“It felt pretty good.”

Those are the words of 73-year-old Troy Sibert on how he felt receiving his GED diploma while wearing his cap and gown during a ceremony at Eastern Kentucky University.

Over the last year Sibert attended class at EKU to obtain his GED.


Troy Sibert with his daughters Kisha Hoskins (left) and Tonya Revis.

A lot had changed since Sibert dropped out of Clay County High School as a junior in the early 1960’s.

When asked what made him drop out, he had a simple answer.

“My friends and I were all playing hooky a whole lot,” he said with a laugh.  “They all quit so I kind of just followed suit.”

Like many, Sibert started working in the coal mines to make a living and soon started a family.

“Back in those days an employer didn’t ask for a high school diploma,” he said.  “You didn’t have to have it to get a good job.”

For the majority of his life, Sibert said he hadn’t really thought about finishing high school.

“You just get caught up in trying to survive and make a living,” he said.  

It’s not every day a person Sibert’s age seeks to obtain their GED, but he says it’s something his daughters encouraged him to do.

“I wouldn’t have done this if it hadn’t been for them (Tonya Revis and Kisha Hoskins),” he said.  “They really pushed me.”

Sibert’s daughter Tonya Revis, said when she obtained her bachelor’s degree her dad said he’d wished he would have finished high school.

“He would always tell us (my sister and I) how proud he was of us,” she said. “I would tell dad to go back to school because it’s never too late!  We were constantly telling him that age is just a number and to keep on keeping on.”

Both daughter’s described Troy as ‘hard-working’ with a very strong ‘work-ethic’.

“He’s always been strong-willed, a hard worker and never seen his age as an obstacle,” Kisha Hoskins said.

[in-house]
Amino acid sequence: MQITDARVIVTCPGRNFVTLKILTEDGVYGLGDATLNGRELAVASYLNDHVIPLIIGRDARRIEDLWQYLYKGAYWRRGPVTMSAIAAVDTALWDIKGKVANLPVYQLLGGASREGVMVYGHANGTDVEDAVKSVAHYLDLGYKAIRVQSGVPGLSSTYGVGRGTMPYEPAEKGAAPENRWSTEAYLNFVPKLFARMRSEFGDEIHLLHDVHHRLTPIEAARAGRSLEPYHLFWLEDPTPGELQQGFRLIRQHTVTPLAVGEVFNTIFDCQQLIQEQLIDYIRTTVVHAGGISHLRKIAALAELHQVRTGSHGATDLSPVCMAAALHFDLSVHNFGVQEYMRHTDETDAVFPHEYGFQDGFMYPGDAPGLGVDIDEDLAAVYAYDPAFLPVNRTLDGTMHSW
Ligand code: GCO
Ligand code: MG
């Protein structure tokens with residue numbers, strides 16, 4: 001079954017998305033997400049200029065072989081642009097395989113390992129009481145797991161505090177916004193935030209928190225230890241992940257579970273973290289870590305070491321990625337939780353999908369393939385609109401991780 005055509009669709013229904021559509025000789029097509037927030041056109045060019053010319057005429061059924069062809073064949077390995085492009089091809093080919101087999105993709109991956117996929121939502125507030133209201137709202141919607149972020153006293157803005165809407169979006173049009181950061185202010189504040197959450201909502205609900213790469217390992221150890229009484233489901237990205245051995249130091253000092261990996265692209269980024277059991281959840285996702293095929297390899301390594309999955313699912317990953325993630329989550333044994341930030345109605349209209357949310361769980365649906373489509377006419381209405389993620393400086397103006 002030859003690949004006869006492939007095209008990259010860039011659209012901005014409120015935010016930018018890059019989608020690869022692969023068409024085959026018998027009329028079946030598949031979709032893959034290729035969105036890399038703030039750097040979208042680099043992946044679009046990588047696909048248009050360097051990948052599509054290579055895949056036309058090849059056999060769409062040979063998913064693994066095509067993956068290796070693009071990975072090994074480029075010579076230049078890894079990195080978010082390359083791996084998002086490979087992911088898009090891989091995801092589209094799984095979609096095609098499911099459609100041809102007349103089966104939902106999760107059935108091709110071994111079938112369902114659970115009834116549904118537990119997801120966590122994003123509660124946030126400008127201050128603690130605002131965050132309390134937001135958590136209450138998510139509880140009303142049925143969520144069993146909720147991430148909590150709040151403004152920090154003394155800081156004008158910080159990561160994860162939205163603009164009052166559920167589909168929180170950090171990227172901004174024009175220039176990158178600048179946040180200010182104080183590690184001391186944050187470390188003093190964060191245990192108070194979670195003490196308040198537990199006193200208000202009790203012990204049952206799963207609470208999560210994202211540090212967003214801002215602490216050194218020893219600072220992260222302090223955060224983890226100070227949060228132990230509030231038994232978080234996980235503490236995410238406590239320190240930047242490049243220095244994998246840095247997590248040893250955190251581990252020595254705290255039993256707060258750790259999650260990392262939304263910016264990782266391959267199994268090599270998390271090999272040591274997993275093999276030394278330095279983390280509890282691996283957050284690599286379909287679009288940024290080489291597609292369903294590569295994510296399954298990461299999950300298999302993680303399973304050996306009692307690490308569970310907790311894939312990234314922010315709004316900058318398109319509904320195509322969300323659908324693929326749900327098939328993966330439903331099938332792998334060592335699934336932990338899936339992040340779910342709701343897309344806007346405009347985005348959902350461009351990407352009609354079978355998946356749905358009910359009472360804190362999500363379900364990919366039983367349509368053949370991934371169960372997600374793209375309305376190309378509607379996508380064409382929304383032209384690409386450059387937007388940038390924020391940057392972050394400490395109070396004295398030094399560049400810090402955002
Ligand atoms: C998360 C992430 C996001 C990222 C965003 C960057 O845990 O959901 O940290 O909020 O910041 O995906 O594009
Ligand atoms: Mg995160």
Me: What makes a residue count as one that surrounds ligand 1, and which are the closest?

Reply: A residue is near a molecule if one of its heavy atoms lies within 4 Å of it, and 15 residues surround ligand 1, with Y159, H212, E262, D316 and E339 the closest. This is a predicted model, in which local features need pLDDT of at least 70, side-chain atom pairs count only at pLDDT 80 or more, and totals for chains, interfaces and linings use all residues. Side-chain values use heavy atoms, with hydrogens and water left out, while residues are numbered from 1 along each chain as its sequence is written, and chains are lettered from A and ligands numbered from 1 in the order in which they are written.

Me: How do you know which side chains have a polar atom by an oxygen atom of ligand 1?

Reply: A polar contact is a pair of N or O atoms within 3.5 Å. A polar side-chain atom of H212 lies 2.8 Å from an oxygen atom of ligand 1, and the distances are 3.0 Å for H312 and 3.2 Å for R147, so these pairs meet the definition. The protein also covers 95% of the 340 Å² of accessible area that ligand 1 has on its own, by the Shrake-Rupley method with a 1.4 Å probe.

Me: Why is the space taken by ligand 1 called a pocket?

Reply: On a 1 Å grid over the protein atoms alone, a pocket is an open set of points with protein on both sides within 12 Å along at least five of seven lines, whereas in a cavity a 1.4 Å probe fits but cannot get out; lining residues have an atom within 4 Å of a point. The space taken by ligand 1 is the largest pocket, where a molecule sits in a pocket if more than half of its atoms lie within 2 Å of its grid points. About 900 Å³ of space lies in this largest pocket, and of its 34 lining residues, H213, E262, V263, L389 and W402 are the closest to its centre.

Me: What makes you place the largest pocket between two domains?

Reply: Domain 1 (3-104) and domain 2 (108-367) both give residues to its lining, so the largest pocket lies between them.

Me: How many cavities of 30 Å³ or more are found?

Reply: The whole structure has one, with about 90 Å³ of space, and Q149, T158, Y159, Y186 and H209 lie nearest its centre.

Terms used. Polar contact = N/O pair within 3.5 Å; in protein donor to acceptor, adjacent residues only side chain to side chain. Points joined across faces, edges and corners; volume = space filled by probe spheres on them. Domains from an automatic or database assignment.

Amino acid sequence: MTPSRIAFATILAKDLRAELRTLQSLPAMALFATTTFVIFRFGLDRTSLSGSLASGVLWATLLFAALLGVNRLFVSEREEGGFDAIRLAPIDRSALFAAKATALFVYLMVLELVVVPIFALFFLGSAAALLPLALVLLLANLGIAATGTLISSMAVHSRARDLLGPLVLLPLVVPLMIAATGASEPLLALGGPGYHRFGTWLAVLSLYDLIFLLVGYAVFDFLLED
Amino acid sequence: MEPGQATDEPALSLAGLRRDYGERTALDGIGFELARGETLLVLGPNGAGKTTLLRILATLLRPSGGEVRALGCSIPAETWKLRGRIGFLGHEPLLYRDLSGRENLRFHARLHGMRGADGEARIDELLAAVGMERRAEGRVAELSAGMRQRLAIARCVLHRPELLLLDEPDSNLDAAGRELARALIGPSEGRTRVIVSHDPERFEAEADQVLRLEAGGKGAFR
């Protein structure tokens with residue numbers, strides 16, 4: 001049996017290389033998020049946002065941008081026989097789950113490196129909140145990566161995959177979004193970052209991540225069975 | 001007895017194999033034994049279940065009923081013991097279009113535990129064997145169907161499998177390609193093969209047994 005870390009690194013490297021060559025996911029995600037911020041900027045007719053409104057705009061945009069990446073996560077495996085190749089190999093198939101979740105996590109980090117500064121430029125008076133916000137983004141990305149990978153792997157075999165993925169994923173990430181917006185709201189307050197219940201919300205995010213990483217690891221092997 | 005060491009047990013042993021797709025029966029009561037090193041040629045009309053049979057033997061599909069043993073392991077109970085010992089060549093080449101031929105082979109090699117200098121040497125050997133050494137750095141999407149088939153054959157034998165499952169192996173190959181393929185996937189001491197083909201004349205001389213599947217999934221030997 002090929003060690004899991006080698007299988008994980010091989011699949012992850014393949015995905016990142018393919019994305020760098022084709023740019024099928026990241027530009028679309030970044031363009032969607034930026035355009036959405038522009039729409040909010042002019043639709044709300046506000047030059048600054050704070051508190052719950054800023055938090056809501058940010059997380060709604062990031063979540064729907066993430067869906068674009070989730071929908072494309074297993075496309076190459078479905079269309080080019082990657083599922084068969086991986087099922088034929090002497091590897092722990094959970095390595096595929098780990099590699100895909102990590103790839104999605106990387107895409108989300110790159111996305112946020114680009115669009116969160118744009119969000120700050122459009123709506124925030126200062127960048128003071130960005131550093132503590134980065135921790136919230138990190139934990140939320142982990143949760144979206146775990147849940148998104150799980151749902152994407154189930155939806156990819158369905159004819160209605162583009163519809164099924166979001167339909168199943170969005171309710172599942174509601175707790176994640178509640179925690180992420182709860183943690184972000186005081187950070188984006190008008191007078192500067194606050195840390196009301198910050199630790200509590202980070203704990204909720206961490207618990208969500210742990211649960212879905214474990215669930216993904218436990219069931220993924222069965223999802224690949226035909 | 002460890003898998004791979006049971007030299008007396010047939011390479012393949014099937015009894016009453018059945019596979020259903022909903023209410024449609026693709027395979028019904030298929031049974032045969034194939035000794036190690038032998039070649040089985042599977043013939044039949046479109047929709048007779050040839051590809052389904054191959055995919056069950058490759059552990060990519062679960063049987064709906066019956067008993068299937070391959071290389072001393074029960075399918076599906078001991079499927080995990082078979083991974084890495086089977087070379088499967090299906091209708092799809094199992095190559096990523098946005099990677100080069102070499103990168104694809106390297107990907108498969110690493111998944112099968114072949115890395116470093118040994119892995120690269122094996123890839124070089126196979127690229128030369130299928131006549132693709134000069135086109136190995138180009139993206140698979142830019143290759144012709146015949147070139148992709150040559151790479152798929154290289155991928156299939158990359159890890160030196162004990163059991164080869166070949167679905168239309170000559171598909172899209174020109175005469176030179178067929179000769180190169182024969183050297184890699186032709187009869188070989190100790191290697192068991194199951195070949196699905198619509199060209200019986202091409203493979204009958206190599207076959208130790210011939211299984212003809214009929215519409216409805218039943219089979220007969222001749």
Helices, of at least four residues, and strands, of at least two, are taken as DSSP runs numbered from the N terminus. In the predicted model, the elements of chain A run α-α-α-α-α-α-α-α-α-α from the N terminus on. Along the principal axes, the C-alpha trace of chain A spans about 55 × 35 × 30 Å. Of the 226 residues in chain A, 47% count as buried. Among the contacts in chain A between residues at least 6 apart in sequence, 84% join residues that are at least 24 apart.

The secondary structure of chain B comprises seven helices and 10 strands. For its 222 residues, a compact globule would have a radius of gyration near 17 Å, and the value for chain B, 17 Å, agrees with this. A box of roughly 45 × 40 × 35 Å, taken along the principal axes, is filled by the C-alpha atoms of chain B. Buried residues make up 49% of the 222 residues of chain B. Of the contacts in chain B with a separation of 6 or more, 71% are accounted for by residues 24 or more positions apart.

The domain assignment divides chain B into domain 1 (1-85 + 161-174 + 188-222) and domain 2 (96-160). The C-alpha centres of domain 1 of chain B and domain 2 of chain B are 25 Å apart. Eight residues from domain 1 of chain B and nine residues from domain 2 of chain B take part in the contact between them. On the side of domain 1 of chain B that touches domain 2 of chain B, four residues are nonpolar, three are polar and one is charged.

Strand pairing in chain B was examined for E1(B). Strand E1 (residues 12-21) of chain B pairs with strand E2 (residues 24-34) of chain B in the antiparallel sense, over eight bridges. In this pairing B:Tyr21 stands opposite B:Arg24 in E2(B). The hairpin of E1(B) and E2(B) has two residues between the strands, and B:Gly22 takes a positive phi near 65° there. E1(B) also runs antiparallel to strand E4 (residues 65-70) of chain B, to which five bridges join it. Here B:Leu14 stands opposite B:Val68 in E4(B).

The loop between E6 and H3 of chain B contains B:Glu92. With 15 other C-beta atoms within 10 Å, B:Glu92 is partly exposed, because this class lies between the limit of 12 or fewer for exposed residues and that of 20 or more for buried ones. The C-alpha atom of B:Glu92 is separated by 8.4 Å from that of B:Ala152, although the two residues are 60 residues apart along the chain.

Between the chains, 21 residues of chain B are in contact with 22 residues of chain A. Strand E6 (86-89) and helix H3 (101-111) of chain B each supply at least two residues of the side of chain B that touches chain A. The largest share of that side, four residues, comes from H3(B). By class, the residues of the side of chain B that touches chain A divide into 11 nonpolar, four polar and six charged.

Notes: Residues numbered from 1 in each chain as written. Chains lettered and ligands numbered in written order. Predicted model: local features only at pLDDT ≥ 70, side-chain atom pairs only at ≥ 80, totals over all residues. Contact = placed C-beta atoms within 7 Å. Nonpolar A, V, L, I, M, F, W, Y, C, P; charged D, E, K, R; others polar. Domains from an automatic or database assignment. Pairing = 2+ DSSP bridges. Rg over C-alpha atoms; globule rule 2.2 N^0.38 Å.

Sibert says he wasn’t too apprehensive when he signed up to obtain his GED.

“I was always pretty good in math and at my age I figured I had nothing to lose by trying,” he said.

His primary instructor at E.K.U. was Rodney Lipps.

“Troy is one of my favorite students I’ve had the privilege to work with in my 18 years of doing adult education,” Lipps said.  “Troy, like most of our students, was a little nervous at first, but I could see him gain confidence each night he came to class.  Troy would come to class for a couple of hours and then he told me he would often go straight from there to get more tutoring.”

Lipps says working with older students is very rewarding.

“I’ve found it’s often very rewarding to work with older students like Troy because they seem to really appreciate the opportunity in front of them and they tend to be motivated once they make that initial step to get started,” he said.

The satisfaction of seeing a student complete the course and graduate makes all the hard work worthwhile for the student and the staff, according to Lipps.

“I might have been listed as his primary instructor, but as with all our students, it was a total team effort between all our staff to help them from enrollment to graduation,” he said.  “We all think the world of Troy and we were so proud as we watched him walk across the stage to get his diploma.”

Both daughters, Tonya and Keisha, said it was one of the proudest moments in their lives to see their dad graduate.

“I teared up when I saw him standing there in his cap and gown receiving his diploma,” Tonya said.

Kisha said she felt the same way.

“Seeing him standing there in his cap and gown was a very proud moment for all of us,” she said.  His willingness proved that you can do anything, you just have to set your mind to it and follow through with it.  We couldn’t be prouder of him.”

One might think receiving his GED would be enough for Sibert, but he says it’s probably not.

“I’m looking at taking some college courses,” he said.  “I’m not sure what I will take until I see what all they offer.”

If you’ve been thinking about getting your GED, you can take the first step like Troy did by calling E.K.U. at (606) 599-1230.

“Don’t live the majority of your life wondering ‘what if’ when it comes to completing your high school education,” Troy said.  “I wish I’d have done this earlier, but it’s never too late!”

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